Thursday. 30/1/2020

The Monocle Minute

Opinion / Christopher Cermak

Keep the conversation going

How do you broach a topic that everyone is so completely and utterly tired of talking about? As a recent transplant to London (I moved here from Berlin in October), this has been one of my biggest conundrums. There’s a mix of bitterness, passion and resignation that comes from discussing Brexit with people here; conversation rarely feels productive. And yet for those of us who believe in the importance of civil dialogue, it still feels so important to find ways of keeping the conversation going because, as has been mercilessly drummed into our heads over this past week, Friday’s exit is just the start of a new and equally important chapter in the UK’s relationship with the EU.

So how to keep the conversation fresh and productive? My own take is to focus on the personal stories that sit behind our fraught politics – the “why” behind the opinions that have bubbled to the surface from all corners over the past few years. How has the EU impacted your own life up to this point? How will the UK’s departure impact your life now? There’s so much misinformation in politics now but the one thing that can’t be easily distorted is personal experience.

I’ll start: as a dual Austrian-US citizen, I’ve had the rare privilege of being able to work and live in the US and Europe without constraint. So when the UK leaves the EU tomorrow it will mark the first time I’ve ever lived in a country where my own passport doesn’t automatically grant me the right to stay. I expect to get “pre-settled” status, sure, but it means that I won’t be able to move away and return over the next five years. That’s hardly the biggest problem to have in the world but, for a serial mover such as myself, it’s certainly an unsettling feeling.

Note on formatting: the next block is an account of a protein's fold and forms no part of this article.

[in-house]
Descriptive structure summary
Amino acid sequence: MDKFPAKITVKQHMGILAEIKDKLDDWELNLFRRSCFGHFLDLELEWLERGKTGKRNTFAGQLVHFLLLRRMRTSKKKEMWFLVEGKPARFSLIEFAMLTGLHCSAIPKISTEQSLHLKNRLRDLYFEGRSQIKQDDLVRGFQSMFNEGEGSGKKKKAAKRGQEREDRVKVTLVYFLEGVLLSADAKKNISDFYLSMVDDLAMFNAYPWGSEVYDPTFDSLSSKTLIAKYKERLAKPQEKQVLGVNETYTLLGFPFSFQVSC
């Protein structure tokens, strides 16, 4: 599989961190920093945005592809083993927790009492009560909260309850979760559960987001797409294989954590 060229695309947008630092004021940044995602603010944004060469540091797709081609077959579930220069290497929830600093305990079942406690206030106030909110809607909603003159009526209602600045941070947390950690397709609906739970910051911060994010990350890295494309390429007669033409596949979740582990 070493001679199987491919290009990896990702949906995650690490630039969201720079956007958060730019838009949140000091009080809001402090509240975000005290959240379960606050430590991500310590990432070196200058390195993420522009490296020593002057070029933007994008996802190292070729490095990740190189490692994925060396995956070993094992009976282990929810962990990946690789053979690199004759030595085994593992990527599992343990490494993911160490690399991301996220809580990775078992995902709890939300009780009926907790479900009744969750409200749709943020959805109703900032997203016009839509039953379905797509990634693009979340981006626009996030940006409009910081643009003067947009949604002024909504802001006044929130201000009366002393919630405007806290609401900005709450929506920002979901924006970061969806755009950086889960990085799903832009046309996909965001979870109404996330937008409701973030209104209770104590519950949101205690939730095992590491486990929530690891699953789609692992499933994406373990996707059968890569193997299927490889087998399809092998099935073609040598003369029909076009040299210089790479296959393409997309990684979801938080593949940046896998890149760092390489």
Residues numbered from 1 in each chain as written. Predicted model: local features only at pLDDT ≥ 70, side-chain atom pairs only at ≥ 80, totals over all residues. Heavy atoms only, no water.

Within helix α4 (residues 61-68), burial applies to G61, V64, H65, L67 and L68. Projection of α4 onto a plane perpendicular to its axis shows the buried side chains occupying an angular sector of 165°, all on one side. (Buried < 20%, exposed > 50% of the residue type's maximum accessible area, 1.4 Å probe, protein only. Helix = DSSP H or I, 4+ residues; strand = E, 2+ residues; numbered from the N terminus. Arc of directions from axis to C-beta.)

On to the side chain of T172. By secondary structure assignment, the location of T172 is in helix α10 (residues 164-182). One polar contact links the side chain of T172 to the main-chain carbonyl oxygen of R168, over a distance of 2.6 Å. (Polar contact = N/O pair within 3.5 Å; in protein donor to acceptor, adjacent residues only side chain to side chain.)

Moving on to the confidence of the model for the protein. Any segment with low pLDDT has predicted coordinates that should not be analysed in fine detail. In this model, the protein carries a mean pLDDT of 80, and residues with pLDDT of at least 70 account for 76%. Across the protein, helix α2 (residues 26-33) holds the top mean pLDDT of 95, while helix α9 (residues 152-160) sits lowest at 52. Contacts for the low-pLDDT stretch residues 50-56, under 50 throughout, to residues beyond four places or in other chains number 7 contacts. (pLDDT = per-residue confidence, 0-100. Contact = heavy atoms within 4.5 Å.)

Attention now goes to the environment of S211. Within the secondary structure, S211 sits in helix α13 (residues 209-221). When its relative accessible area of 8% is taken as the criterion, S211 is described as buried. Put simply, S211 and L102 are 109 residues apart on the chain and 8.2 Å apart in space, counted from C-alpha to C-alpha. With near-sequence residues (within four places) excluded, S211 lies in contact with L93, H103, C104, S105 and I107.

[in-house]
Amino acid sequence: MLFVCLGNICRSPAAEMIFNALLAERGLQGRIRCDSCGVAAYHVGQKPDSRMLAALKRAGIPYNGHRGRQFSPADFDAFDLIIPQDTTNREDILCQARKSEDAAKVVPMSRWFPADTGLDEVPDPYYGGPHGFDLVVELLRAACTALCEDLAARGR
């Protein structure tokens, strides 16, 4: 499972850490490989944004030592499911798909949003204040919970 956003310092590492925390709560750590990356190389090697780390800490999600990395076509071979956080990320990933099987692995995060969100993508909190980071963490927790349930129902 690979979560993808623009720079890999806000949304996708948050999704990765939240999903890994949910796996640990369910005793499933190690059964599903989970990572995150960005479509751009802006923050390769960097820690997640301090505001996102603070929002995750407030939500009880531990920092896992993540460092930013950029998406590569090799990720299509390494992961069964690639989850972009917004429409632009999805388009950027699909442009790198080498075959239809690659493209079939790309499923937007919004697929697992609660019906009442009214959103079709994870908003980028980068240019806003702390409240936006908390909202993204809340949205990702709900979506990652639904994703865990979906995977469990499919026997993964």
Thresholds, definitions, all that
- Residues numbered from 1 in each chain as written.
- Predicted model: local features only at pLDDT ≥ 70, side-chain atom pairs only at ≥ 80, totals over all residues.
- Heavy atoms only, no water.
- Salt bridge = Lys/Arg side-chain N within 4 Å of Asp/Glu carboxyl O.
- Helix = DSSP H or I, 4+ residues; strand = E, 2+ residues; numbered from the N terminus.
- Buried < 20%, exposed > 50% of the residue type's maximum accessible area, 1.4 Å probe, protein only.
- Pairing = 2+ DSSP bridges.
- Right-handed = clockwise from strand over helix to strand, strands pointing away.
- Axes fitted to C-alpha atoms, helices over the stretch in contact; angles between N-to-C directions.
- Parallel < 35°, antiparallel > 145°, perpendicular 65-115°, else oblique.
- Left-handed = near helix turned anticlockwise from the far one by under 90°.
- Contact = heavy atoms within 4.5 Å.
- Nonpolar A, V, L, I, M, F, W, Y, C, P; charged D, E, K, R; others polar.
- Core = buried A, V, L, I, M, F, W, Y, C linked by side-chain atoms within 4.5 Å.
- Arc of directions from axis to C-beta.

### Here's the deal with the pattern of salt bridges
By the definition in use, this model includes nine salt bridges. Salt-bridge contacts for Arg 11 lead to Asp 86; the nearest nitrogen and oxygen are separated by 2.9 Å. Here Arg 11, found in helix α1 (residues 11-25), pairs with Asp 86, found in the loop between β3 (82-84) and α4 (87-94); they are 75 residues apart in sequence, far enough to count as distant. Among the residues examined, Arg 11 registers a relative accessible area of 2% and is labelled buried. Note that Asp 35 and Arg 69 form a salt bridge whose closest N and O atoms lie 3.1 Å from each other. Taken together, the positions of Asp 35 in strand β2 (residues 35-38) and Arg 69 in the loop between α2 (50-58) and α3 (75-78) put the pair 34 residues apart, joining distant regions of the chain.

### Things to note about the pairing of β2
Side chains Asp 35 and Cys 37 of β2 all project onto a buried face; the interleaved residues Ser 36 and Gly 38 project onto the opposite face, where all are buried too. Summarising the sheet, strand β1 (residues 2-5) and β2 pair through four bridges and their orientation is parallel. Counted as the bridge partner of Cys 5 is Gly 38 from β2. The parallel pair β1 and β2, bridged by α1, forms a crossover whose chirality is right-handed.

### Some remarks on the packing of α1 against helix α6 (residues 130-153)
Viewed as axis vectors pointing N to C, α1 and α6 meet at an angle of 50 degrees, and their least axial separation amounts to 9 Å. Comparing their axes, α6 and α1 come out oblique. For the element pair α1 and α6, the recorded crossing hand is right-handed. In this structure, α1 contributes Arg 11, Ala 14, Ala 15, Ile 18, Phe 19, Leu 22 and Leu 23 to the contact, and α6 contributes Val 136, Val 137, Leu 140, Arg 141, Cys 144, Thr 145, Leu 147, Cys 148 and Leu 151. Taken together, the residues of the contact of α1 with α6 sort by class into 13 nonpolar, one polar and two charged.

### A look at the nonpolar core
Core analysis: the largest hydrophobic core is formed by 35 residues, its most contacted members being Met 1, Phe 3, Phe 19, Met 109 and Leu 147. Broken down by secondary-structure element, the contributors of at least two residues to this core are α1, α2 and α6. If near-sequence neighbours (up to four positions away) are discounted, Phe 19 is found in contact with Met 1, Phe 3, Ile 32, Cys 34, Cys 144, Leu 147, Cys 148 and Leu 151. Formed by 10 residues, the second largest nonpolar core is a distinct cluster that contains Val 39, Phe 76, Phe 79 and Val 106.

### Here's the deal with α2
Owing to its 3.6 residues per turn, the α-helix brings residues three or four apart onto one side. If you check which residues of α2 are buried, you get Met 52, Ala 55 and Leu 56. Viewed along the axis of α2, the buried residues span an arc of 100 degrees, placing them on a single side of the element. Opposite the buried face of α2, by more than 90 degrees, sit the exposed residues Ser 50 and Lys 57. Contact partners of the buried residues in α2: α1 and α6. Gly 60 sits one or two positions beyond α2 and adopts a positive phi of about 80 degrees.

Economy / Global

Glimmer of hope

An economist for the Chinese government yesterday warned that the economic impact of the coronavirus outbreak could be more serious than that of the Sars epidemic in 2003 which, estimates suggest, sliced a full percentage point off China’s quarterly growth. But how, in real terms, might the economies of the other countries with confirmed cases of coronavirus – in Asia, Europe, the US and Canada – be affected? Restrictions on the movement of goods and people will dent economic output in the short term but a less-measurable sense of uncertainty could impact economies too. “You have a lot of people, thanks to the spread of information on social media, who are panicking,” says Hershell Ezrin, senior counsel at the Global Public Affairs consultancy in Toronto. The good news? “After the Sars outbreak, the economy bounced back within three years. Hopefully there will be that kind of bounce-back this time around as well.” Here’s hoping for a speedy recovery.

Media / Italy

News gathering